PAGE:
Hagerty Feature: Reading Your Rubber

Among the many reasons our friends at Hagerty are a wonderful partner to the SCCA is that they love #FunWithCars just as much as we do – and they are a wealth of knowledge on a variety of car-related subjects. The following article originally appeared on Hagerty.com. For this and all of Hagerty’s car-related content, visit their media site here.

Until about 1920, cars wore skinny high-pressure tires in sizes such as 30×3, where “30” was the tire’s rolling diameter and “3” was the cross-sectional width, both in inches. To calculate the diameter of wheel they’d fit on, you needed to know that the tire’s width and height were the same; there are 3 inches at both the top and bottom, so subtracting 6 from 30, the tire would need a 24-inch wheel.

From the 1920s through the 1960s, a numeric description containing tire width and wheel diameter was used. A size such as 6.00-16 referred to a tire 6 inches wide made for a 16-inch wheel. Tires might have been available in different profiles, but it wasn’t part of the description.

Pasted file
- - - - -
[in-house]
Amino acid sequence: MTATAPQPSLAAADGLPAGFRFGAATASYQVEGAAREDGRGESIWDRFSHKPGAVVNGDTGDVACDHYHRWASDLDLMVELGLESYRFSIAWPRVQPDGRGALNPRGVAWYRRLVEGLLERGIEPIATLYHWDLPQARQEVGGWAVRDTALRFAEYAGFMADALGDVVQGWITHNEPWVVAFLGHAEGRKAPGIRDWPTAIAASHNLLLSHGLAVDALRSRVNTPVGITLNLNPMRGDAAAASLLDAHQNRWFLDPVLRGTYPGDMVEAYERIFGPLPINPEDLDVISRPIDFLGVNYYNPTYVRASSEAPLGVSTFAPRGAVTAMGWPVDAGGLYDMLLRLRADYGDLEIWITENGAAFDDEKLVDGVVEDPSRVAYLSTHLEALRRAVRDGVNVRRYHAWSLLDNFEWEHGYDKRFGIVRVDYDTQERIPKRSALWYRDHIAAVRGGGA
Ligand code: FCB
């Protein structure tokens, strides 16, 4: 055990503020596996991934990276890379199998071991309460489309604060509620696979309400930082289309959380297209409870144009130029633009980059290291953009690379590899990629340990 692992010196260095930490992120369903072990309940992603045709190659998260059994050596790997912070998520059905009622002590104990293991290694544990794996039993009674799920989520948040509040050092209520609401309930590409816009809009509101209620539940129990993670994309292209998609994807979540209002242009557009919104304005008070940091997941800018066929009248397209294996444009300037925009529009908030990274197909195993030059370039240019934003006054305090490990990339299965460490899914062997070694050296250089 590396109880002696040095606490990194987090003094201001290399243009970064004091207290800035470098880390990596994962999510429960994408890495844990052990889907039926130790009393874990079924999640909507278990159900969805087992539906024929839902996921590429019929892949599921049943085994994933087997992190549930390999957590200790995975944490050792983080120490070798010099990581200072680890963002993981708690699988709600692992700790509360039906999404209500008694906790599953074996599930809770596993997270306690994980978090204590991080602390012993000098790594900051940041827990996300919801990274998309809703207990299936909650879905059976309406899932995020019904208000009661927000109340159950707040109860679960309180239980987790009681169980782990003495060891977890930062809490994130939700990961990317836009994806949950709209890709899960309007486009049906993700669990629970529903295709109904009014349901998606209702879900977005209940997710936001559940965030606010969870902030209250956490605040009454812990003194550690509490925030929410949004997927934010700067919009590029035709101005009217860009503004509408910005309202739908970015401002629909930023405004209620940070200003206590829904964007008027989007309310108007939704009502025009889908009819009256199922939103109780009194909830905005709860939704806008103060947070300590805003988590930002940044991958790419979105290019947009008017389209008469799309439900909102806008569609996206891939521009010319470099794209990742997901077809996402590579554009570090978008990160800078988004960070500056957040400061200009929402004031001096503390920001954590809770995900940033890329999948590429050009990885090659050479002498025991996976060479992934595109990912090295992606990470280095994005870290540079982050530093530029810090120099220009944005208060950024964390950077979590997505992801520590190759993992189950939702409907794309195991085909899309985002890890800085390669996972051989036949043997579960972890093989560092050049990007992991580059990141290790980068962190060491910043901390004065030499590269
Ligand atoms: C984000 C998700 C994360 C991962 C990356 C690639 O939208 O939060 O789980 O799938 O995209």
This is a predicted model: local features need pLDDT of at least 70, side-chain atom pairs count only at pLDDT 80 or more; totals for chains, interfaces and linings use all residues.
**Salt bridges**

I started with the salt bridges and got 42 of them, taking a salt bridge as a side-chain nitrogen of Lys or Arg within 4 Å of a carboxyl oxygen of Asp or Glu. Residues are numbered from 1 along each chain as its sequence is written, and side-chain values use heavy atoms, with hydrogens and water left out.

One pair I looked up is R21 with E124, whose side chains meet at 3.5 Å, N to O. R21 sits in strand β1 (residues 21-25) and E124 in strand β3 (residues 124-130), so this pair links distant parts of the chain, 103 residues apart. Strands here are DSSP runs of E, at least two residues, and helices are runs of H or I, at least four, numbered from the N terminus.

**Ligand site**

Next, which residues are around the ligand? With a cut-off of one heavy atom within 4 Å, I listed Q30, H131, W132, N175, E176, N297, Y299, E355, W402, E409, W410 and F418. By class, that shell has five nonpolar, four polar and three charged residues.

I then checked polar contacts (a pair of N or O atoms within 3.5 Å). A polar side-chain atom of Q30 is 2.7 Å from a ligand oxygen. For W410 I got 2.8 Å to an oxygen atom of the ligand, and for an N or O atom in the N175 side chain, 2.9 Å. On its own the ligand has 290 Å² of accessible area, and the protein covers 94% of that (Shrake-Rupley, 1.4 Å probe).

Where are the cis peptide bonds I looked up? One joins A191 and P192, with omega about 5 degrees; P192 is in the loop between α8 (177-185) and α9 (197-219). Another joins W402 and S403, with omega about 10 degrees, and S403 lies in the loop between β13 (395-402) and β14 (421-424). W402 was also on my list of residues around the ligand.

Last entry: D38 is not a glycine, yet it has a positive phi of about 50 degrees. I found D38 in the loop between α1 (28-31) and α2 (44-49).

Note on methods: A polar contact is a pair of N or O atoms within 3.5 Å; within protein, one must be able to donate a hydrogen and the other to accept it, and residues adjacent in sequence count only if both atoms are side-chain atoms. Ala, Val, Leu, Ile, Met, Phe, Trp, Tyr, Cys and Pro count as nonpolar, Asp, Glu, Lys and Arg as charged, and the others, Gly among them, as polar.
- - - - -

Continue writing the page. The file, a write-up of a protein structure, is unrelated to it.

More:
The designations changed again in the late 1960s when alphanumeric descriptions came into play. A size like G70-15 meant the tire had a g-load rating (1620 pounds), a 70 percent aspect ratio (the tire’s height divided by its width, expressed as a percentage—the smaller the aspect ratio, the lower the tire’s profile), and was meant for a 15-inch wheel. Width was no longer part of the description.

Finally, in the late 1970s, P-metric tire designations were introduced. They included the three important parameters of width, aspect ratio, and wheel diameter, but, confusingly, width and diameter are specified in different units. If you see a tire size like 235/45R17, the 235 is the section width in millimeters, the 45 is the aspect ratio, and the 17 is the wheel diameter in inches.

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